Rome, if you want to...
|We had a great holiday. And then I went back to work.|
Needless to say, I still haven't recovered from last week, so I haven't finished uploading all of my holiday photos onto my laptop, let alone sorted them out and uploading them onto Flickr.
So here is a
The Trevi Fountain. Legend is that if you face away from the fountain and throw a coin into it over your shouler, you will return to Rome some day. In actual fact, there are so many people crowded around it that you'd probably take out someone's eye.
The closest I got to a yarn shop in Rome - this was a Diesel display window on the Via Corso. The Gambler went inside to check - no yarn for sale inside.
It's good to cover all of the bases.
What really struck me the most was the fact that this is both a modern and an ancient city. This little enclave was at the edge of an archeological dig just down the road from the Coliseum. Are the tiles 40 years old or 400? I have no idea.
The Coliseum. What remains of it, that is. Turns out that recycling has been all the rage here for some time. All the marble was harvested years ago - some of it used by the Christians for their churches, some burned to yield lime for cement.
More to come. I promise. Really.
On the knitting front, I decided that post holiday ennui was best addressed by casting on for a new project (Although I was technically on call the day after we came back, the weekend was super quiet, so I spent some quality time with the cats).
I visited Acorn Street Yarns in Seattle just after the Sea Socks cruise. They had a bin full of mini skeins of Jaggerspun Zephyr Wool-Silk laceweight yarn. Brenda Dayne had been wearing a Modern Quilt Wrap on the cruise, so I sat down on the floor and selected about 14 different colours that I thought worked well together.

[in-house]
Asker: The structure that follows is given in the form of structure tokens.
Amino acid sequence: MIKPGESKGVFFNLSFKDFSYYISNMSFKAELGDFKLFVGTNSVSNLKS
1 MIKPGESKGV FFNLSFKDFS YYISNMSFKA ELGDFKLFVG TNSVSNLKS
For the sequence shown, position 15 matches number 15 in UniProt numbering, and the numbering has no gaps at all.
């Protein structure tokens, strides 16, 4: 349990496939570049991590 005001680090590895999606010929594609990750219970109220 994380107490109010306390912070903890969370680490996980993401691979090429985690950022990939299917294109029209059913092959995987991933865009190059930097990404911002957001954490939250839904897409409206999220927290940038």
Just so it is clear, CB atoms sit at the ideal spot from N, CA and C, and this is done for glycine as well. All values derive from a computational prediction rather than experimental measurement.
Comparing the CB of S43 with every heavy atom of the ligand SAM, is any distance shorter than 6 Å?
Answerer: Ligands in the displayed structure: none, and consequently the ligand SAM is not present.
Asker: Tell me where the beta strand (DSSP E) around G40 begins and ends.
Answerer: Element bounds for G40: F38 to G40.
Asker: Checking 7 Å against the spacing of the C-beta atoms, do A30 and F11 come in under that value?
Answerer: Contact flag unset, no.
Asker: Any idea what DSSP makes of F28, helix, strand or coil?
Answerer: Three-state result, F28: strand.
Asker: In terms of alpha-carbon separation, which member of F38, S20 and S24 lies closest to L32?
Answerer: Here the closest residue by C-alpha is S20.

Turns out that the pattern only calls for 9 different colours - so I narrowed it down to these ones to use for The Zephyr Quilt Wrap:
I tried to organize the colours that I selected from darkest to lightest, and to do the same with the colours that the pattern calls for, and then replace them in that order. In retrospect, I don't know if it makes that much difference - I think that she distributes the colours pretty evenly throughout the schematic.
It was very fiddly to start - between the laceweight yarn slipping off of the relatively large needles, and trying to weave in the ends as I changed colours, and the squares being very distorted initially. It didn't help that the first 4 squares were the small ones. But now I definitely have the hang of it. It's one of those "just one more square" type projects that is hard to put down.